Farmers have decried the low budget allocation to the agriculture sector saying it would be difficult to resuscitate the sector and improve productivity.
Finance Minister, Mthuli Ncube, who presented the ZWL$421.6bn 2021 national budget, last week, allocated ZWL$46.3bn to the agriculture sector.
But players in the sector said they wanted in excess of ZWL$100bn or US$1bn to resuscitate agriculture which the government has identified as one of the key sectors to anchor the development of the economy alongside mining and tourism.
Productivity levels have considerably gone down in the past few years due to successive droughts, therefore, strong irrigation infrastructure is needed to mitigate against climate change, they said.
This has seen Zimbabwe spending close to US$800m on food imports at a time when the country is grappling with serious foreign currency challenges.
“The amount allocated (in the budget) is close to half of our requirements as we need US$1bn or ZWL$100bn to turn around the sector,” Zimbabwe Commercial Farmers Union president Wonder Chabikwa told Business Times this week, adding the sector required robust irrigation infrastructure which can help farmers to produce all year round.
“The amount is not adequate to resuscitate irrigation infrastructure across the country as government irrigation rehabilitation programmes are replacing big old irrigation infrastructure with small irrigation infrastructure which can irrigate small areas.
The manufacturing sector gets 60% of its raw materials from the agriculture sector and its revival will help the resuscitation of the industry.
Ncube said the incessant droughts have forced the government to undertake a paradigm shift in the day to day farming approach.
This has prompted the adoption of “Pfumvudza/Intwasa” farming concept among communities as a new farming business model.
The concept has several advantages including climate proofing agriculture, less erosion and higher nutrient retention as well as reduced pest infestations, among others. The government is estimating yields of two tonnes per hectare giving a total of 3.6m tonnes of grains from 1.8m subsistence farmers through the conservative programme.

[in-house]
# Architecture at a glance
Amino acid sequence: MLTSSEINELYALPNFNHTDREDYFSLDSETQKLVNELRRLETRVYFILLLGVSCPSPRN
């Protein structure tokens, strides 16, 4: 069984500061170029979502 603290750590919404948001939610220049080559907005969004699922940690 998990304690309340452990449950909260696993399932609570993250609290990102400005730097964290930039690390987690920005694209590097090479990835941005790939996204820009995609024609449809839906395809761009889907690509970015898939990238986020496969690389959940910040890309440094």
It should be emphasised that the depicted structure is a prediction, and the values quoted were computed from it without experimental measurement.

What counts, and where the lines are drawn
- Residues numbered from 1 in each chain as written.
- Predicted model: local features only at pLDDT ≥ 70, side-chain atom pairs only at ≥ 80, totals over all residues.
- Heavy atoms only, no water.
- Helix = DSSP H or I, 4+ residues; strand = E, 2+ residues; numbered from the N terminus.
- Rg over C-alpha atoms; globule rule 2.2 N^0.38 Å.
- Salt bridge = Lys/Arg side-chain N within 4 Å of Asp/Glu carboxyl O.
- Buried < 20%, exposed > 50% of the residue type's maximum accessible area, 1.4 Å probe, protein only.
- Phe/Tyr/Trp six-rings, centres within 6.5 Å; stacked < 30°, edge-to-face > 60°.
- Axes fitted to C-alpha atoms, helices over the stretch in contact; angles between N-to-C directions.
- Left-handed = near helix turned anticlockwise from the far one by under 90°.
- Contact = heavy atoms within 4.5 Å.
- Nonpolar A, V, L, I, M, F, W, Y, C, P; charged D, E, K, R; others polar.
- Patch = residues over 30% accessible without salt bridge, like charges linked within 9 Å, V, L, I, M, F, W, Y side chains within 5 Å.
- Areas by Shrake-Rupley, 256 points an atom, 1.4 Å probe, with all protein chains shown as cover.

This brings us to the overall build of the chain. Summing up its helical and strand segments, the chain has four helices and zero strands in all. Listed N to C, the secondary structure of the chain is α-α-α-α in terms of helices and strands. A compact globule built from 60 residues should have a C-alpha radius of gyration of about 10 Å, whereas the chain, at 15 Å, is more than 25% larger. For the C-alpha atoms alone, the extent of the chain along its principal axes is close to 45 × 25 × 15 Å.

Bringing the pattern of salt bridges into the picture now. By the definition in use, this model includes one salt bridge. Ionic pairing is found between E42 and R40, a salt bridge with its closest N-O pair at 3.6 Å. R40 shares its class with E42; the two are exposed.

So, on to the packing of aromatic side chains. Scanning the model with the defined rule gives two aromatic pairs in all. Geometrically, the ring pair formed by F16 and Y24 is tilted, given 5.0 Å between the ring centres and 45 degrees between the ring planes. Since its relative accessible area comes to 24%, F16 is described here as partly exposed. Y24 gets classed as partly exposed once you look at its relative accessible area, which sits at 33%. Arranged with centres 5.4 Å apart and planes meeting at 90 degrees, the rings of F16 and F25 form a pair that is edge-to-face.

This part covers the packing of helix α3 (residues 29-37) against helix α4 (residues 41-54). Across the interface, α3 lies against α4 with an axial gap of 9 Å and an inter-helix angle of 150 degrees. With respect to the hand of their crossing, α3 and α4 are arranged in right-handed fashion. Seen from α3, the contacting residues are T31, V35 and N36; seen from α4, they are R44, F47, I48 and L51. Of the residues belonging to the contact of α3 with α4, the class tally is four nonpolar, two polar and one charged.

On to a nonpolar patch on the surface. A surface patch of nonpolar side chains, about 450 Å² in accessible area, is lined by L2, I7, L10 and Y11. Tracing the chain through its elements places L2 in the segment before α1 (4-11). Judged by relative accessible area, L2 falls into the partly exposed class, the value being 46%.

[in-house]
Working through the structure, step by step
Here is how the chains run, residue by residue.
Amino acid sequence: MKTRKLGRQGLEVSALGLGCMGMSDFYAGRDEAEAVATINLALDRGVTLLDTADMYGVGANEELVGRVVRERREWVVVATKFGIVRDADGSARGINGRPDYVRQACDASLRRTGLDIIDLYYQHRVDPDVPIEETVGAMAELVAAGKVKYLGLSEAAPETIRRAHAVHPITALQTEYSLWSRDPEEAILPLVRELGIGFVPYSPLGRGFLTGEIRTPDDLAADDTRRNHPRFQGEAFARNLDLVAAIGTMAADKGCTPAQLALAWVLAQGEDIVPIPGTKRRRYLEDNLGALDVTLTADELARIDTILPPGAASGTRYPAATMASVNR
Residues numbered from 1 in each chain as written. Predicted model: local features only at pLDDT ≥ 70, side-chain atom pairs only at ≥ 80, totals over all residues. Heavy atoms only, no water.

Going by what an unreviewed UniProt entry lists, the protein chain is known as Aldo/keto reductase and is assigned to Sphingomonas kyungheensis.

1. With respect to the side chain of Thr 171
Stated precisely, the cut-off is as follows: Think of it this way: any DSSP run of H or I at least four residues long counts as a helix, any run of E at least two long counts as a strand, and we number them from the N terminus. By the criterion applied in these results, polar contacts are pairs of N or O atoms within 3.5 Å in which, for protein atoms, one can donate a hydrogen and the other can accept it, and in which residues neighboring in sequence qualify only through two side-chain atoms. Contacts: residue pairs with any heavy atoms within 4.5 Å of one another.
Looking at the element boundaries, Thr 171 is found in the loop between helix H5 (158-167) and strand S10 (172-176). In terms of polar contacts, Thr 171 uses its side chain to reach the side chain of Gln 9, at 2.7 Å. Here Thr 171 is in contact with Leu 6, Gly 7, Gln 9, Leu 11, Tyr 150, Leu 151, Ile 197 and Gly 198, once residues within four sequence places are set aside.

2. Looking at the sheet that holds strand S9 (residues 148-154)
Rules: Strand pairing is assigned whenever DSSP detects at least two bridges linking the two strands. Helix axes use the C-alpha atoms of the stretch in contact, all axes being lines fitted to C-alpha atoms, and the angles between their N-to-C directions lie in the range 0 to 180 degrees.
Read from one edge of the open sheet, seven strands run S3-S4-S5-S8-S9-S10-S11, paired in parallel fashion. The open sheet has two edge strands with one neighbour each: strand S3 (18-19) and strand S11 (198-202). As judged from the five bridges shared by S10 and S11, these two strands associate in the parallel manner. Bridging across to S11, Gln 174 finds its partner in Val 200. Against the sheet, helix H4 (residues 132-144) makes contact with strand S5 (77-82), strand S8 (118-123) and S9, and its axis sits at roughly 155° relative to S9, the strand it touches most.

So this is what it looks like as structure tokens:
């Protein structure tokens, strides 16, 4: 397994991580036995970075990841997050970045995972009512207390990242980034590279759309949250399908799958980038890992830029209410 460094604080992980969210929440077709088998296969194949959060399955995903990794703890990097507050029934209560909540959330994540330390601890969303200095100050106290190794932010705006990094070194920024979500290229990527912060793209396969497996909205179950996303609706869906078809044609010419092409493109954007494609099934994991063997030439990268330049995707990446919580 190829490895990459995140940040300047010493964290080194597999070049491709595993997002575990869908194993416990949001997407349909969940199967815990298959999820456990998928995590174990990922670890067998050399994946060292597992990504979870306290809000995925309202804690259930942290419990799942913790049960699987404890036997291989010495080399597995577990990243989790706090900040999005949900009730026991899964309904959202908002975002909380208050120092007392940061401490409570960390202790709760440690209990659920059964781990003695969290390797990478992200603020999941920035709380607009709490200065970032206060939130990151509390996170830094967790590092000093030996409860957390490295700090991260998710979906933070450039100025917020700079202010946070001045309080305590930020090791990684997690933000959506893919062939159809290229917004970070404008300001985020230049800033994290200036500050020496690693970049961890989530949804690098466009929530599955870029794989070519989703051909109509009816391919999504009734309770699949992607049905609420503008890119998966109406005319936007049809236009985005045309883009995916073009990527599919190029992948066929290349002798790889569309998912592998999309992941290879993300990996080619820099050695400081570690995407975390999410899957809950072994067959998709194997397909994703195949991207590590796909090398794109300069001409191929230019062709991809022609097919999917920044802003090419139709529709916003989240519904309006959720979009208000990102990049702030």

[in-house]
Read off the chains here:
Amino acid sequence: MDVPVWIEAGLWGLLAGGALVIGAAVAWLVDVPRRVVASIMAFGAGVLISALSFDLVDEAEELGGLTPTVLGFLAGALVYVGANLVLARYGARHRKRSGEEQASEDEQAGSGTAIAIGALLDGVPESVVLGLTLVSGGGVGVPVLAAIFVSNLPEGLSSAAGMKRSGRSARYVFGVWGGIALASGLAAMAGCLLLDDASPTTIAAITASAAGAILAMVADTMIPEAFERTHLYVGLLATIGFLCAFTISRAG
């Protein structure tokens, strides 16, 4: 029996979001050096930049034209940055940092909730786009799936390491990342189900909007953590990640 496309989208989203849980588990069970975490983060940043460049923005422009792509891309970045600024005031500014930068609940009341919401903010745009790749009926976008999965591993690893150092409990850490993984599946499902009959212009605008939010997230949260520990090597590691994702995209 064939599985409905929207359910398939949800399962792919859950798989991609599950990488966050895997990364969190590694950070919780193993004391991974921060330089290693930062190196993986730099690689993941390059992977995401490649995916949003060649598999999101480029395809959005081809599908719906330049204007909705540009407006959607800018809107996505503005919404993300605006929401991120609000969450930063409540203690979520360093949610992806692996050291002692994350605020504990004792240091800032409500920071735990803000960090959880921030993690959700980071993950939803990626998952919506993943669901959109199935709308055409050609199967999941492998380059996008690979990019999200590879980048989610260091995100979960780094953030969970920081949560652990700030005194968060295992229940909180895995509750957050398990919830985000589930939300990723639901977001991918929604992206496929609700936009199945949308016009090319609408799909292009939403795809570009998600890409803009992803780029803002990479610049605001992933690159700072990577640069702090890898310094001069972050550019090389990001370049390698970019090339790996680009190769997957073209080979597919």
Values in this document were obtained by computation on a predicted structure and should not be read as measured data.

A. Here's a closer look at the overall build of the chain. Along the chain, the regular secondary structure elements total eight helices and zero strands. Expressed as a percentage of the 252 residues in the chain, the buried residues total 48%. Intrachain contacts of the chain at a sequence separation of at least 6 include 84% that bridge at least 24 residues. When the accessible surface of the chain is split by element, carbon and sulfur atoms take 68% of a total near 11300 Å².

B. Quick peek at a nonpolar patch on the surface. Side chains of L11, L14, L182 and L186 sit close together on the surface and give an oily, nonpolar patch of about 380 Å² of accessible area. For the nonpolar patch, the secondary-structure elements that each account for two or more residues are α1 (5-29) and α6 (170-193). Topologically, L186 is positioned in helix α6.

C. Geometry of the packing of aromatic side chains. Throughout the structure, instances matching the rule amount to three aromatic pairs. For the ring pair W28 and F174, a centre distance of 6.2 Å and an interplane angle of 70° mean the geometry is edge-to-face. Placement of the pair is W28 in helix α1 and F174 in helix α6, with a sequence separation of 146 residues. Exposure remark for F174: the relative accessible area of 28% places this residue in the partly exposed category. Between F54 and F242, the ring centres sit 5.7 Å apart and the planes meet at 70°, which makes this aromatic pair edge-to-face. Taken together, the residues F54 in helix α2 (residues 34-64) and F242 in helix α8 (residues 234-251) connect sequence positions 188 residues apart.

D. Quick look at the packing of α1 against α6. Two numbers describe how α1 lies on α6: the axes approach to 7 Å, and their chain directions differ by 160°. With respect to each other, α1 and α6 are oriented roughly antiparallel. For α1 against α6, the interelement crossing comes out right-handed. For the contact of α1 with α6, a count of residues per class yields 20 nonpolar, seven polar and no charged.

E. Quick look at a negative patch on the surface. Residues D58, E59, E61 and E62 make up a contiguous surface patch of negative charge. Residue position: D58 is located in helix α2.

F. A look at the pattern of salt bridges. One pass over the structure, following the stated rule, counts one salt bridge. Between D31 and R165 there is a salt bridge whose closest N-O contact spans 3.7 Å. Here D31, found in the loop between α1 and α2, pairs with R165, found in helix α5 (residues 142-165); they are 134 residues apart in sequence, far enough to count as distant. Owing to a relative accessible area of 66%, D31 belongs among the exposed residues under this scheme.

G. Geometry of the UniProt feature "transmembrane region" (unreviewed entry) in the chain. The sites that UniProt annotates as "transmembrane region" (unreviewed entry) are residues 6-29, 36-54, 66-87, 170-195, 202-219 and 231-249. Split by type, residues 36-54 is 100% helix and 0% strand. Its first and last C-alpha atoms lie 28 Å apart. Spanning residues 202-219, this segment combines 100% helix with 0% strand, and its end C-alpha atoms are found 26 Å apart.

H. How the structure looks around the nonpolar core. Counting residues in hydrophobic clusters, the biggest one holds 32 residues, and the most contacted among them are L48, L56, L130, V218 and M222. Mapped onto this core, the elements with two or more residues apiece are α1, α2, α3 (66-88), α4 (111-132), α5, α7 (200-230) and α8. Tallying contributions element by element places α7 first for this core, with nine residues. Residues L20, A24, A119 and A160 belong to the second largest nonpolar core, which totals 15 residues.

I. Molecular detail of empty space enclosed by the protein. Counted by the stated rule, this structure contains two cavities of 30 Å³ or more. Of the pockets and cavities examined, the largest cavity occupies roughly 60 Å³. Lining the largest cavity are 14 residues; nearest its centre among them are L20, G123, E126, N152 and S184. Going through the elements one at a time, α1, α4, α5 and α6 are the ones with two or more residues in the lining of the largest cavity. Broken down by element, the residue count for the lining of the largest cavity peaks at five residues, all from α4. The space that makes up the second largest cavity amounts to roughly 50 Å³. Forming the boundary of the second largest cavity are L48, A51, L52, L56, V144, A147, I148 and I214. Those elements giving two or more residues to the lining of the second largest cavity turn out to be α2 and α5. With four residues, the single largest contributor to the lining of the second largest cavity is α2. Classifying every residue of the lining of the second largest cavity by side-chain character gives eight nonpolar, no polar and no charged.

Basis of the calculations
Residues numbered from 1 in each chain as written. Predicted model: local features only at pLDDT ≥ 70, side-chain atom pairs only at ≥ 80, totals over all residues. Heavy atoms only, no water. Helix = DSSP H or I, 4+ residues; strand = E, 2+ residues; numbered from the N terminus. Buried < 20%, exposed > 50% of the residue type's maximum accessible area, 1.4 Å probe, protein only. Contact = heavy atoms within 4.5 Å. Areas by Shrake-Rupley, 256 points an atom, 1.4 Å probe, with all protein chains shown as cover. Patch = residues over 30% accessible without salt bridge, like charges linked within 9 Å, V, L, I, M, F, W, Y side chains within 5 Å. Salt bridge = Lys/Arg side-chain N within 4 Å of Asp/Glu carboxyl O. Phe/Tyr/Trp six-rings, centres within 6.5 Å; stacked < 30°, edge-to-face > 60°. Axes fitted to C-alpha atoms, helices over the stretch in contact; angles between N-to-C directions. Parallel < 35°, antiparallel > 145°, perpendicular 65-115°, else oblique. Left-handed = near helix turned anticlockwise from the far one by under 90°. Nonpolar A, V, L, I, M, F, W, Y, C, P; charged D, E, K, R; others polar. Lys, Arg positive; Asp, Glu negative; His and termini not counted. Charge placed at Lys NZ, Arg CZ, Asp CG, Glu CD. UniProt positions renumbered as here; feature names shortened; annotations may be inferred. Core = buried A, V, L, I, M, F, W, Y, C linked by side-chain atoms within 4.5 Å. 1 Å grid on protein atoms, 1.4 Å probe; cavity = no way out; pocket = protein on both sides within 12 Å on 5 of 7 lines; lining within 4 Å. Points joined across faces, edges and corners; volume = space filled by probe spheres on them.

However, with the national yield average at 0.9 tonnes per hectare, experts put the national output at around 1.6 tonnes.
Government interventions in the agriculture sector are informed by the Agriculture and Food Systems Transformation Strategy in an effort to achieve national and household food security and contributing towards sustainable industrial development through supply of raw materials and use of domestically produced agricultural inputs.
The strategy seeks to transform the farmer mindset from subsistence orientation to taking farming as a business with the target goal of increasing agriculture output to US$8.2bn by 2025.
Agriculture got ZWL$6.1bn provided under theZWL$18.2bn stimulus package which was meant for stimulating agriculture production.
Economist Gift Mugano said localised agriculture production can revive the economy as the sector’s value chains transcend to other sectors.
“I would like to commend the finance minister for allocating the agriculture ministry ZWL$46.3bn which is above 10% of the national budget.
However, what needs to be done now is to put into practice all those measures to ensure that production and productivity are enhanced in the farms,” Mugano said.
Meanwhile, Chabikwa said Zimbabwe has various dams and weirs hence there was need to put irrigation infrastructure to utilise them.
The government has developed over 20 000 hectares of low-cost irrigation under the Public Sector Investment Programme (PSIP) in a bid to improve agriculture productivity levels but more needs to be done to produce enough for the country and exports.
The government is targeting 200 hectares of irrigated land per district under PSIPs in a bid to improve productivity levels per hectare. Currently, the country has 150 000 hectares of irrigable land and is targeting a total of 300 000 by 2022.
Zimbabwe Farmers Union executive director Paul Zakariya said the finance minister has done his best to tackle problems that are affecting the sector and improve productivity.
“Treasury did well to ensure that small scale farmers get a piece of their cake while irrigation infrastructure has also been set to deal with climate change. All sectors and farming categories were addressed in the budget including the commercial farmers who have their needs that differ from the small scale.
What we now need is to ensure that all programmes are implemented on the ground as production happens at the farms,” Zakariya said.
Agriculture accounts for 50% of employment, 11% of Gross Domestic Product, 25% of the country’s total exports and 60% of raw materials to the manufacturing sector.
Finance ministry is projecting agriculture to grow by11.3% in 2021.